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Results: 4 Answers
Anti-Corruption & Bribery
6.
Trends and predictions
6.1
How would you describe the current anti-corruption enforcement landscape and prevailing trends in your jurisdiction? Are any new developments anticipated in the next 12 months, including any proposed legislative reforms?
 
UK
It remains to be seen whether deferred prosecution agreements (DPAs) are increasingly used as a means of concluding bribery investigations. The Serious Fraud Office (SFO) has made it known that it is looking for increased cooperation from corporates and wants to see investigations concluded quicker, which could lead to more DPAs.

It would be a surprise if we saw any major legislative changes. The House of Lords Select Committee on the Bribery Act 2010 reported in 2019 that the Bribery Act is recognised internationally as the most comprehensive and far-reaching piece of anti-bribery and corruption legislation.

The government may be persuaded by the committee’s call for it to offer more advice to small and medium-sized companies on compliance with the act. The committee’s claim that there is a lack of cooperation between the Crown Prosecution Service, the SFO, the National Crime Agency and other agencies may lead to this being addressed, which could result in quicker decisions regarding prosecutions.

As it stands, however, the United Kingdom has legislation in place that is unlikely to be subject to any significant reform in the near future. The only changes we may see are likely to be in the way the enforcement authorities use the legislation at their disposal.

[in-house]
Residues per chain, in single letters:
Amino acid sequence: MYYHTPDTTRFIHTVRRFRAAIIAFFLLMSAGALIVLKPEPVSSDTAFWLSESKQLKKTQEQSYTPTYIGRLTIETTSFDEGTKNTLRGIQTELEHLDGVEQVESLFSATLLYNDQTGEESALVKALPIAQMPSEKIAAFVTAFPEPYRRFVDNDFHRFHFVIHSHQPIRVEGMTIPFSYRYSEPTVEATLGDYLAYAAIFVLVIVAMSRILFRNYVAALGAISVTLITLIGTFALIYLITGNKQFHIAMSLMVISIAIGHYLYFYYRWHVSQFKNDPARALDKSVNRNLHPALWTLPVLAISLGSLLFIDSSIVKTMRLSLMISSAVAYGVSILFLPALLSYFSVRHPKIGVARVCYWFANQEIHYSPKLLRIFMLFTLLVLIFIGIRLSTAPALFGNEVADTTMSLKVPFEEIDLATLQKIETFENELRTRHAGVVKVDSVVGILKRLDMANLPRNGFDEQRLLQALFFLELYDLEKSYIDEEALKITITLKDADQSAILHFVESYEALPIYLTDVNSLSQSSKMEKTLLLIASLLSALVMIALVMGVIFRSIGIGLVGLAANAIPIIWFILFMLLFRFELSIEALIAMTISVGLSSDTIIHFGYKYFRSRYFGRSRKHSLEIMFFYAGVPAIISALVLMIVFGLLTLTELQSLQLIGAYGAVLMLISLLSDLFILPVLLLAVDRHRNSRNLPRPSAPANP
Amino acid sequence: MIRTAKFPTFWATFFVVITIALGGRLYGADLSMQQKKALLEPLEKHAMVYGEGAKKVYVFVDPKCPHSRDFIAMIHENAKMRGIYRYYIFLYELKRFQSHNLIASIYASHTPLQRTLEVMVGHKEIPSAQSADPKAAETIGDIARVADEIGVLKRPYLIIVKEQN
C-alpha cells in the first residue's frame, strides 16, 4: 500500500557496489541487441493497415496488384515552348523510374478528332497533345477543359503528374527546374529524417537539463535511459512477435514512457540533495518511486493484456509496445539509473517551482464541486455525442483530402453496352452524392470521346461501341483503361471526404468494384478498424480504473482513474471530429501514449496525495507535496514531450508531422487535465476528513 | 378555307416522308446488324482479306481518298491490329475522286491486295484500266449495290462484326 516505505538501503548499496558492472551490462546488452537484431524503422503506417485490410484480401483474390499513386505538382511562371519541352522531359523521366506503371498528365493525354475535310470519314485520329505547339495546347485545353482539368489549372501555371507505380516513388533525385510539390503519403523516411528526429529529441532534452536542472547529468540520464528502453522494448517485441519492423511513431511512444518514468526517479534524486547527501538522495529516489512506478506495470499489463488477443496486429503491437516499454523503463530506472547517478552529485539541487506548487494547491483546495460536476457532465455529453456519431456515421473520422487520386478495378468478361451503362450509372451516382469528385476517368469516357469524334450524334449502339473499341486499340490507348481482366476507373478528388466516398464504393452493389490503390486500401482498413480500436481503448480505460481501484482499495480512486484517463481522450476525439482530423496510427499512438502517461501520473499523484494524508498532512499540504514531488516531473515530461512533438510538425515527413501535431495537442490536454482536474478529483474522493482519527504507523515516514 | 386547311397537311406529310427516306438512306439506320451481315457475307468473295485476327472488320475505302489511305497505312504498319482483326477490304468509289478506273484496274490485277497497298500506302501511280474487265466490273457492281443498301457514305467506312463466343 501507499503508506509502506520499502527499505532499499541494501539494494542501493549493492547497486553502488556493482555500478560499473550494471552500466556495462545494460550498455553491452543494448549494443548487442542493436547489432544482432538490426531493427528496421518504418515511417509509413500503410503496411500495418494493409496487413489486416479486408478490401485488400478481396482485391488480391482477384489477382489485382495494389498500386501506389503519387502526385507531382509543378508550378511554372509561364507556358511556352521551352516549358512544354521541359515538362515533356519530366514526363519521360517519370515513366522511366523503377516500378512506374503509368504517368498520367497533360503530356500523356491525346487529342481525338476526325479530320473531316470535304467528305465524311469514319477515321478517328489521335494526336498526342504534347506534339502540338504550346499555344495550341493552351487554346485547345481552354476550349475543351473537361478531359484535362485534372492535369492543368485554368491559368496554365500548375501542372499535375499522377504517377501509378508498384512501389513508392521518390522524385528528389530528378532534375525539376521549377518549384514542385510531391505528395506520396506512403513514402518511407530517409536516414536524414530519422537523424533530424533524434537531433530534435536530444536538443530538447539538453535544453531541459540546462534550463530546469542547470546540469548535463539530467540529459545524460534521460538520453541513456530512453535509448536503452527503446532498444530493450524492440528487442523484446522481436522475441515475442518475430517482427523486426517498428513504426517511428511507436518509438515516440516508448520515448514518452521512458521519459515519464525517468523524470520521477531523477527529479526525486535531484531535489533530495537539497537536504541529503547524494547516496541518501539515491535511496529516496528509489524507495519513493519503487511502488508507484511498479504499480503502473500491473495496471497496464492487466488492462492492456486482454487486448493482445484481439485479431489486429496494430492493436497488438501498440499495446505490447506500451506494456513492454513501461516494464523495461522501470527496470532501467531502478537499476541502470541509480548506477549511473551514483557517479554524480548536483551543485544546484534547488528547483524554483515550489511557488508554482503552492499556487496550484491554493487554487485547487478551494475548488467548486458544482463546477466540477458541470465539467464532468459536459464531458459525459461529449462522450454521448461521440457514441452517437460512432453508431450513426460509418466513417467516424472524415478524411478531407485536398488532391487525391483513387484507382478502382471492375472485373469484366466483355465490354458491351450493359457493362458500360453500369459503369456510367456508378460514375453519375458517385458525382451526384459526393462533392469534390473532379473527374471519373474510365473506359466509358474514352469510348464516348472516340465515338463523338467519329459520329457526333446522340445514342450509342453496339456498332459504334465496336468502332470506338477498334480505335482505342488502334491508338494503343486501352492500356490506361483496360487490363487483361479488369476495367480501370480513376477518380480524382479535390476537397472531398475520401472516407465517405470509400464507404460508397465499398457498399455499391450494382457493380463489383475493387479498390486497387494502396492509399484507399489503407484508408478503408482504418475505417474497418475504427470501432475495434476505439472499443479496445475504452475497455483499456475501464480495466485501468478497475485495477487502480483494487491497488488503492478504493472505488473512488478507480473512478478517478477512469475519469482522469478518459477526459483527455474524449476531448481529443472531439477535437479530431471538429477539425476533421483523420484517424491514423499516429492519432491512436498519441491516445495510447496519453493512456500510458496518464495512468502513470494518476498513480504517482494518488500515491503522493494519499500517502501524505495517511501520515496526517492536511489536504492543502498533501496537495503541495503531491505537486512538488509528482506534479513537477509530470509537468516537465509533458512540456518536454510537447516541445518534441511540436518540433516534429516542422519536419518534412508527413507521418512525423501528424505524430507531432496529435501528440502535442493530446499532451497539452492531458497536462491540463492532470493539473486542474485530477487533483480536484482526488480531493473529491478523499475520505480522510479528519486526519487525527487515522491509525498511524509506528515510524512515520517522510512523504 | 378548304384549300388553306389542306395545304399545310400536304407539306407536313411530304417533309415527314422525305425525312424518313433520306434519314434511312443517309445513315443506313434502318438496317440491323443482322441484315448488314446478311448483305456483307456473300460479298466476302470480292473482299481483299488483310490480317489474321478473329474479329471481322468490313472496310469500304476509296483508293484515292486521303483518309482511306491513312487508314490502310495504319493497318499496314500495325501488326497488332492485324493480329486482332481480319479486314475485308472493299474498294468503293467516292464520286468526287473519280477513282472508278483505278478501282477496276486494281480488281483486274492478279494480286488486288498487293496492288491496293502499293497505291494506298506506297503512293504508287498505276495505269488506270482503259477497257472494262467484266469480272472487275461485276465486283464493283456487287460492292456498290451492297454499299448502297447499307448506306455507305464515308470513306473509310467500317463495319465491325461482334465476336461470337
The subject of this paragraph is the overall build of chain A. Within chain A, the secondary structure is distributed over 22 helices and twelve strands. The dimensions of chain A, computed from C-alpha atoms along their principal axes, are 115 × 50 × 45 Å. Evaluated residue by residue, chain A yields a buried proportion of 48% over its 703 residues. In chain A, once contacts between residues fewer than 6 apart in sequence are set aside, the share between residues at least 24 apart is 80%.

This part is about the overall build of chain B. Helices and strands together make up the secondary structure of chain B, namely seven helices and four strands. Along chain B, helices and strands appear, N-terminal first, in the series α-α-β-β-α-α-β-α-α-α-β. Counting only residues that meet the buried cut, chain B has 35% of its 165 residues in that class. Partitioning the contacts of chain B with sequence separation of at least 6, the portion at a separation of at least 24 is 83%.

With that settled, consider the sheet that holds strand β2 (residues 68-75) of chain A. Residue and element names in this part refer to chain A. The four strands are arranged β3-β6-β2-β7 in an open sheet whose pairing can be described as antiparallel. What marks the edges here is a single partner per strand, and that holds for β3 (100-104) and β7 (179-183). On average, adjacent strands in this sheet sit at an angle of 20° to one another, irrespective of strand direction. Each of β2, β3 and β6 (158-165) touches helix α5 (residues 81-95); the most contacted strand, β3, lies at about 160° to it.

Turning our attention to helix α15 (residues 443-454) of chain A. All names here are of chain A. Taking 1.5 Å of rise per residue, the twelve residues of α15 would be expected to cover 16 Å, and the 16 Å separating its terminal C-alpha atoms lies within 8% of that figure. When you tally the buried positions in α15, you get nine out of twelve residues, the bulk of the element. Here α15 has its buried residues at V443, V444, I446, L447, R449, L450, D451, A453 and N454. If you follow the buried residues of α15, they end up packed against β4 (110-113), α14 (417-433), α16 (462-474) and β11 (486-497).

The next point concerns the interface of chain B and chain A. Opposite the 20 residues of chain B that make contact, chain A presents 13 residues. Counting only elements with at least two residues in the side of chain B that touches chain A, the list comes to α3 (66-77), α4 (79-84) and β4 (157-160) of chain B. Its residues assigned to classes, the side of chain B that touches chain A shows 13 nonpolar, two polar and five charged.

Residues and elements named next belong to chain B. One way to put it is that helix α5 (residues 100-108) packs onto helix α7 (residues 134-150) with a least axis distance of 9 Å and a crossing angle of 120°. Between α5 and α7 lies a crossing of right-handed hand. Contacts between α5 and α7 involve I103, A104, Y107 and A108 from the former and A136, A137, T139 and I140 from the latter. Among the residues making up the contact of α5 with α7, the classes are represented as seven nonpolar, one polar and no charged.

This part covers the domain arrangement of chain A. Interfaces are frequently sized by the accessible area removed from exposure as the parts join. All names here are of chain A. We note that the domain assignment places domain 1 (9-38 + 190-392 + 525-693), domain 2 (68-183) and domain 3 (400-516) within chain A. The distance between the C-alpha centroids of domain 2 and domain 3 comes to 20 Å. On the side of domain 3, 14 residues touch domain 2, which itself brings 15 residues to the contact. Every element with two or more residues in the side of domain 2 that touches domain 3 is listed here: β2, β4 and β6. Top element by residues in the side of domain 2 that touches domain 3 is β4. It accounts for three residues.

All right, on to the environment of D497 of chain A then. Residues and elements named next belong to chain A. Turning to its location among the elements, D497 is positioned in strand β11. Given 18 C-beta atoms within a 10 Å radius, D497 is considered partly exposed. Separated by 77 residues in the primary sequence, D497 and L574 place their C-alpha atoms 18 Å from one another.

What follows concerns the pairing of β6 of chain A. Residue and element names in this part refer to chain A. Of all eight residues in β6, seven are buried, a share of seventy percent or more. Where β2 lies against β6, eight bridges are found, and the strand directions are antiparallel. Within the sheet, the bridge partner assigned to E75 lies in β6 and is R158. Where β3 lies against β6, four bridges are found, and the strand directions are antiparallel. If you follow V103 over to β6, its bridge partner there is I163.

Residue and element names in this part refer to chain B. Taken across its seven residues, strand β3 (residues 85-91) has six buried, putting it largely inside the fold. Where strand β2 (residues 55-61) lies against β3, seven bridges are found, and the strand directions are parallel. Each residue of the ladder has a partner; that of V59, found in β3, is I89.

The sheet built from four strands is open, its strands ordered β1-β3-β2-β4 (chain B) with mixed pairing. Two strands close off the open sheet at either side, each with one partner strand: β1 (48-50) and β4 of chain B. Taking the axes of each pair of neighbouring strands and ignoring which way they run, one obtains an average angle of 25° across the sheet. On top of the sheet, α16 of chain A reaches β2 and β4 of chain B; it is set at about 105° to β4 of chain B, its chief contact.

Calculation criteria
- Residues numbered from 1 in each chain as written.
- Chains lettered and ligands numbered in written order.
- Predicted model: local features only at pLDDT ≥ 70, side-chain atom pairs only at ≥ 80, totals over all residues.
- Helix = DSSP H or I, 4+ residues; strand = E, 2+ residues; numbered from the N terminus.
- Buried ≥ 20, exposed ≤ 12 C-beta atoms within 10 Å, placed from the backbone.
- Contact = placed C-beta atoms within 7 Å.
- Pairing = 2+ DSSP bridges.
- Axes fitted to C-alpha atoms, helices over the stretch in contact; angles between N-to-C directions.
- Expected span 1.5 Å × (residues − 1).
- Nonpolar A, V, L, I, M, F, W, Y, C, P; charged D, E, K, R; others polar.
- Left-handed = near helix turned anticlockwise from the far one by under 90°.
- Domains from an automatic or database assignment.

Current anti-corruption enforcement does appear to be taking an increasingly US-style approach, with the use of DPAs and new SFO Director Lisa Osofsky (who is American) expressing her desire to implement the use of informants and covert human intelligence sources. In doing this, Osofsky is echoing the United States, where the use of wires and informants is routine.

The SFO is also making increasing use of artificial intelligence tools to examine electronic documents and forensic computer expertise.

Strict liability offences seem to be gaining popularity. Part 3 of the Criminal Finances Act 2017 created a strict liability offence whereby a company, partnership or other ‘legal person’ commits an offence if it fails to take reasonable steps to prevent an employee or associated person from facilitating tax evasion. Consideration is being given to expanding the strict liability to an offence of failure to prevent financial crime, which could include a wide range of offences. As yet, however, this is not set to become reality.

For more information about this answer please contact: Azizur Rahman from Rahman Ravelli Solicitors